[Date Prev][Date Next][Thread Prev][Thread Next][Date Index][Thread Index]
9984: Re: 9982: Re:9969 Re:9892: Re:9889 Florestal replies to Poincy (fwd)
From: "[iso-8859-1] Jean Poincy" <firstname.lastname@example.org>
> Poincy’s arguments so far failed to pass any test
> would show consistently his solutions would solve
> economic and social problems of Haiti.
To speak in past tense of my argument failing the
test, there must be circumstances where it was applied
in the exact manner I am presenting it. There has
never been any such situation in contemporary Ayiti.
One should not be tempted to equate my formula with
past dictatorships in Ayiti. The closest one to what I
am advocating can be found at the country's inception
with Christophe and he has always been my reference.
If there was success with him then why not today when
ideas are more refined? We should allow ourselves to
explore this avenue rather than blindly battling
against it in favor of democracy, the kind for which
Ayiti is unfit considering the political culture in
> Some of the tests may be whether or not security
> always, in the case of Haiti, be conducive to
That's quite a speculative approach to affirm that my
argument has failed. If you mean to assimilate the
period where there was political stability under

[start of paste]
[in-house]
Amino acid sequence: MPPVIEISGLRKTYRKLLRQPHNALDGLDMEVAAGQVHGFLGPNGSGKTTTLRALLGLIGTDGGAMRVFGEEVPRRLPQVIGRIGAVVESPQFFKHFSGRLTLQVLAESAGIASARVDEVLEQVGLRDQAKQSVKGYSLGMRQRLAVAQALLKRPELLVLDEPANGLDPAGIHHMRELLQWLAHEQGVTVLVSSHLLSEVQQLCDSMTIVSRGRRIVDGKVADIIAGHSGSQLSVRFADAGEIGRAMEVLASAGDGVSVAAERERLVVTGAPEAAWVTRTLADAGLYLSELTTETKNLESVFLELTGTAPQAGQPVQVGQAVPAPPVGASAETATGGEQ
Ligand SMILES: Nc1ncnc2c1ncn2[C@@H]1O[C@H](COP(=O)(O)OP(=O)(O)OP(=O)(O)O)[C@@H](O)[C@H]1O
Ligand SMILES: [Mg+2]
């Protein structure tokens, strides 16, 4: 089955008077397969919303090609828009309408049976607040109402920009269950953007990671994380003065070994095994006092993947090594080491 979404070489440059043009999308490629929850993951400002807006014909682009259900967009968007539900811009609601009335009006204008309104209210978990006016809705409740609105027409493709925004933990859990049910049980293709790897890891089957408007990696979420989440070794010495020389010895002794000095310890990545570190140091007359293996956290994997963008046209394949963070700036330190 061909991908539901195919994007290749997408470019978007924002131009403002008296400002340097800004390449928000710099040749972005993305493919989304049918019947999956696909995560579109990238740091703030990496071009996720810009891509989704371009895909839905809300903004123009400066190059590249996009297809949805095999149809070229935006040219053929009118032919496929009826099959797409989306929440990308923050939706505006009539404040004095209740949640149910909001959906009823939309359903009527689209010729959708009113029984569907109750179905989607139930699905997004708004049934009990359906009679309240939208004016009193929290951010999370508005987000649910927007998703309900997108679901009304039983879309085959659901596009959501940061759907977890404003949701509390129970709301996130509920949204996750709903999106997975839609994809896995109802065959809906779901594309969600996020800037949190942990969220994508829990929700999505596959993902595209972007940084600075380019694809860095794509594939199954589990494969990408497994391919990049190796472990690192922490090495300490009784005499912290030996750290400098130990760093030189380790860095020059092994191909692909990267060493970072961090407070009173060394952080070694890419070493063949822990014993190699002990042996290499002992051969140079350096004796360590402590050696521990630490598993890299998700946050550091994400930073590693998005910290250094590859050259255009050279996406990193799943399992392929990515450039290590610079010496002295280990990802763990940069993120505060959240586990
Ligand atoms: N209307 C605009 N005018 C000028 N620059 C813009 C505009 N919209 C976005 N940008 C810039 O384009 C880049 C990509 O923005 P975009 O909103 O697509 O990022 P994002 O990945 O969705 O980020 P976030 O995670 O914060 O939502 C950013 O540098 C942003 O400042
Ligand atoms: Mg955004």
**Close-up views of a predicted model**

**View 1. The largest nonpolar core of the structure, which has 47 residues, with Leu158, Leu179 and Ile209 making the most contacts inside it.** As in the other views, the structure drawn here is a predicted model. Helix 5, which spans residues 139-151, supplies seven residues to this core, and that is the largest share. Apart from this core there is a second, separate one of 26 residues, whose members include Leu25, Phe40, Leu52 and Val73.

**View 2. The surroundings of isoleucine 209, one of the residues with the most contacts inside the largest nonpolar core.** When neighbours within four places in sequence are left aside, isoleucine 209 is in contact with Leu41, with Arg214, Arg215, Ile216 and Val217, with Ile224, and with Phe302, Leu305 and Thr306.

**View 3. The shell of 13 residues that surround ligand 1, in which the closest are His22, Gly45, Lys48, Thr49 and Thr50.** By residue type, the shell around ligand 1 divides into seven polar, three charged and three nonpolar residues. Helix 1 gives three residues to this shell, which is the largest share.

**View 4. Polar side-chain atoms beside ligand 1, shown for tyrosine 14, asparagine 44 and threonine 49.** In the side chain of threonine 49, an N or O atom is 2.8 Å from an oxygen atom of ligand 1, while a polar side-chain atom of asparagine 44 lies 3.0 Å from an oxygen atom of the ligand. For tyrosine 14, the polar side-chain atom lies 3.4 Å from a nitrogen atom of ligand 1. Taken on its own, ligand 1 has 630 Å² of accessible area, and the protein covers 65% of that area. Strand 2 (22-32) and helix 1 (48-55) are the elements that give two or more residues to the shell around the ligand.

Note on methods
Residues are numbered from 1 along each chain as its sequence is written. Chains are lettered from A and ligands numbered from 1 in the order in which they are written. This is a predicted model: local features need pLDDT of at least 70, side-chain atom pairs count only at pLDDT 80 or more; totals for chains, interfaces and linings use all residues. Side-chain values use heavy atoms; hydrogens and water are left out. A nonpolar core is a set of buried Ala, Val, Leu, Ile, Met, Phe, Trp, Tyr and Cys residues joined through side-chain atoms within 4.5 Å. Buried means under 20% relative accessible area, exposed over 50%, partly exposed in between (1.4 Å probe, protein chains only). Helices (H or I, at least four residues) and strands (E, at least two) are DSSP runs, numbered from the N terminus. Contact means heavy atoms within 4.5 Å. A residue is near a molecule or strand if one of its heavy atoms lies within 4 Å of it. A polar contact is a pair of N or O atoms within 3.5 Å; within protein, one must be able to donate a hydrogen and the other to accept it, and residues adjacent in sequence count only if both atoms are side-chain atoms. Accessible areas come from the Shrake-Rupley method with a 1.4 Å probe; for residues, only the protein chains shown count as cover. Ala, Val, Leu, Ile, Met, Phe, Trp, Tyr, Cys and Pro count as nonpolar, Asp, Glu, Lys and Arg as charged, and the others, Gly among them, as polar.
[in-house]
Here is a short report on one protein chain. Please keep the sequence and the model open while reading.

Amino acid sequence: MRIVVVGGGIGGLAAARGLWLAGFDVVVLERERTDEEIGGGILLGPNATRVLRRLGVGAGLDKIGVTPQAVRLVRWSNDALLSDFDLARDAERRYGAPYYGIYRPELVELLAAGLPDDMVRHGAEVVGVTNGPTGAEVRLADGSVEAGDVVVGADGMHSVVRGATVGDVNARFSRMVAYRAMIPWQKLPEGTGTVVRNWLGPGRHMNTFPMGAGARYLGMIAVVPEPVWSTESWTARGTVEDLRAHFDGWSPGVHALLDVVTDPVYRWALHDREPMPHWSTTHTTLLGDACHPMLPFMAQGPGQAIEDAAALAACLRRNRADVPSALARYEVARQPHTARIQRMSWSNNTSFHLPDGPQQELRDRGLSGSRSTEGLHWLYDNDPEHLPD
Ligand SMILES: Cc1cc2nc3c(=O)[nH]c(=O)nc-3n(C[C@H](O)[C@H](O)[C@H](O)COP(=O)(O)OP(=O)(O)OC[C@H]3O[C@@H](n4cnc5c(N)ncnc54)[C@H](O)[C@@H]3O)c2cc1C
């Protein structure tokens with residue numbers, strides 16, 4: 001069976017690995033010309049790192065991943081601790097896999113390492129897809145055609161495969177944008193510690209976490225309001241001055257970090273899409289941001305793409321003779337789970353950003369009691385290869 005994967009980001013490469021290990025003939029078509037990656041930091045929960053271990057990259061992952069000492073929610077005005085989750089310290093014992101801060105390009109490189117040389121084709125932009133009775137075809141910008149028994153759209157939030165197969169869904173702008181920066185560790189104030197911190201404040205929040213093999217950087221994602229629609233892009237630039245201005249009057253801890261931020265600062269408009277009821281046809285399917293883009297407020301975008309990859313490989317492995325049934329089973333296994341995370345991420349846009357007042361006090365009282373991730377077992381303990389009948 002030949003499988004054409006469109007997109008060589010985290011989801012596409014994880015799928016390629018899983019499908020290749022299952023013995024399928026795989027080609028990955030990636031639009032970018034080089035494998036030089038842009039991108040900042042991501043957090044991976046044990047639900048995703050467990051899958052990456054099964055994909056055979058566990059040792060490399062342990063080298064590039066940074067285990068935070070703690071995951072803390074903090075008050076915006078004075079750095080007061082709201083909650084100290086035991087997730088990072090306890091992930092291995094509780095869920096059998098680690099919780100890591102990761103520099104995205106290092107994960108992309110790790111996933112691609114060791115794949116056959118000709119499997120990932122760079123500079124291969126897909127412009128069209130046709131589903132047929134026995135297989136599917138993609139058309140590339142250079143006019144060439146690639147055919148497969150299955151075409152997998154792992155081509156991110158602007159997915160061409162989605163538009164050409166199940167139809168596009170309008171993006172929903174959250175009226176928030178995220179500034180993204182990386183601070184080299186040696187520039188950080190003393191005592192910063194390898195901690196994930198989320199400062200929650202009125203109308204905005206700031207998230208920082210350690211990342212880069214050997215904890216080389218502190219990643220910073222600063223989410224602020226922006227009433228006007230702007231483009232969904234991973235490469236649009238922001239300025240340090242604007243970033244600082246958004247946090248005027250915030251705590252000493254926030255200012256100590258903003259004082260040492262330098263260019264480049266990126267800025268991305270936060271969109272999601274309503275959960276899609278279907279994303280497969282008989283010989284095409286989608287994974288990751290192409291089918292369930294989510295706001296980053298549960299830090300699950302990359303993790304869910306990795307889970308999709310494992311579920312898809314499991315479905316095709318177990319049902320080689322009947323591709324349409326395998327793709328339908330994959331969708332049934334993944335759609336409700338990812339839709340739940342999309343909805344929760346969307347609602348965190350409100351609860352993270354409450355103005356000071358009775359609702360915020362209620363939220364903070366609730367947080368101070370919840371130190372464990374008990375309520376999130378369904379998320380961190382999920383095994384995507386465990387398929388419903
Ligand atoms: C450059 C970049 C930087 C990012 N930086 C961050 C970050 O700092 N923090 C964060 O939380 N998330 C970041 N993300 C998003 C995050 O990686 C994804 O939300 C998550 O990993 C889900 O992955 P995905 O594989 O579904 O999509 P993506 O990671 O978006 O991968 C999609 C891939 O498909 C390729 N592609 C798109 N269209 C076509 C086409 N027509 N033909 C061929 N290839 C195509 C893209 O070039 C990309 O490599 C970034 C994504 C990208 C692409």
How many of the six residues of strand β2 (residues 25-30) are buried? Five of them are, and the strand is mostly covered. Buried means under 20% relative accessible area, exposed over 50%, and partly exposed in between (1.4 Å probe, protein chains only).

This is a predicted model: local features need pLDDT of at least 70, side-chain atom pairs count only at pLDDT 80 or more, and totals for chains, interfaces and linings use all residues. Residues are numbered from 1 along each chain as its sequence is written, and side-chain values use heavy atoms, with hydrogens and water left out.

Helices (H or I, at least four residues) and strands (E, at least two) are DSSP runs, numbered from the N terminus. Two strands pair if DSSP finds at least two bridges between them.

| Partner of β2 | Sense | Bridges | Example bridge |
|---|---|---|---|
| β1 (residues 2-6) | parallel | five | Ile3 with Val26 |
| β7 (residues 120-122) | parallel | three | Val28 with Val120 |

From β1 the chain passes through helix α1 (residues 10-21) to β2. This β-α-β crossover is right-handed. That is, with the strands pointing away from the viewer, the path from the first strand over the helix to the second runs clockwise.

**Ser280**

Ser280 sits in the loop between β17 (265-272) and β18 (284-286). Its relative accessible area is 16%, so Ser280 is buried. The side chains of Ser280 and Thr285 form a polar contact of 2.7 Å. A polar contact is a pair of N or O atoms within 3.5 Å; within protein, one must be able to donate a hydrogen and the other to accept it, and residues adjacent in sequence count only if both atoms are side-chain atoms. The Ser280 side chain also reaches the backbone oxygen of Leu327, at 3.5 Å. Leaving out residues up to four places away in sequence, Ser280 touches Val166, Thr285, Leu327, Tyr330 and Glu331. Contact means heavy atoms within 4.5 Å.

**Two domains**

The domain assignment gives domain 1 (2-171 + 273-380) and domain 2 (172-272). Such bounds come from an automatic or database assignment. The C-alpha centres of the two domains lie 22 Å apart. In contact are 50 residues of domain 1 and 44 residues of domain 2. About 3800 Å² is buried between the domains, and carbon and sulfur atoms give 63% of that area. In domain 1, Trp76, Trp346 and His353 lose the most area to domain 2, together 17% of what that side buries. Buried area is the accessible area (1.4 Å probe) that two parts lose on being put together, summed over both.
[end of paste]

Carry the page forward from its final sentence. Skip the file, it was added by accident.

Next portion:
Duvalier with security and there was no economic
progress, I have no quarrel with that, but you need to
keep in mind that such was never REALLY assiociated
with workable means of economic development.
To make an objective judgement, both security and the
pursuit of economic development must be present. I
mean real economic development and not the bogus
economic development of the assembly industry in the
70s. Put aside Christophe's era, in no time in Ayitian
history you will find the coordination of
security/political stability and sustainable economic
>While he claims that creativity is
> required for economic development...
I firmly stand behind this and add wise macro-economic
policies to go along with it.
> it is not proven that by having security you will
> automatically get creativity.
Maybe that's your idea. There is a one way
relationship between the two and you got it in
reverse. Security can be a product of creativity and
never the other way around.
> He’ll get no arguments from me on the first part. On
> the second part, he is suggesting that we all have
> abilities, if not the same, to feed our stomach, and
> is denying that when resources are limited, one with
> multiple talents may take not only his share but
> those of the lesser talented, making it extremely
> difficult for them to carry out their responsibility
> of feeding themselves.
If we agree that government is the creation of men
whom were feeding themselves without its presence, but
at an undesired risk of mutual destruction, then we
will also agree that its primary function is to be the
absolute security agent of the society.
However, later on more responsibilities fall on its
lap for the simple fact that equality is just
impossible to achieve, the reasons you cited exemplify
that quite well. At this juncture, all that it can do
is to make sure equity (and not equality)is "au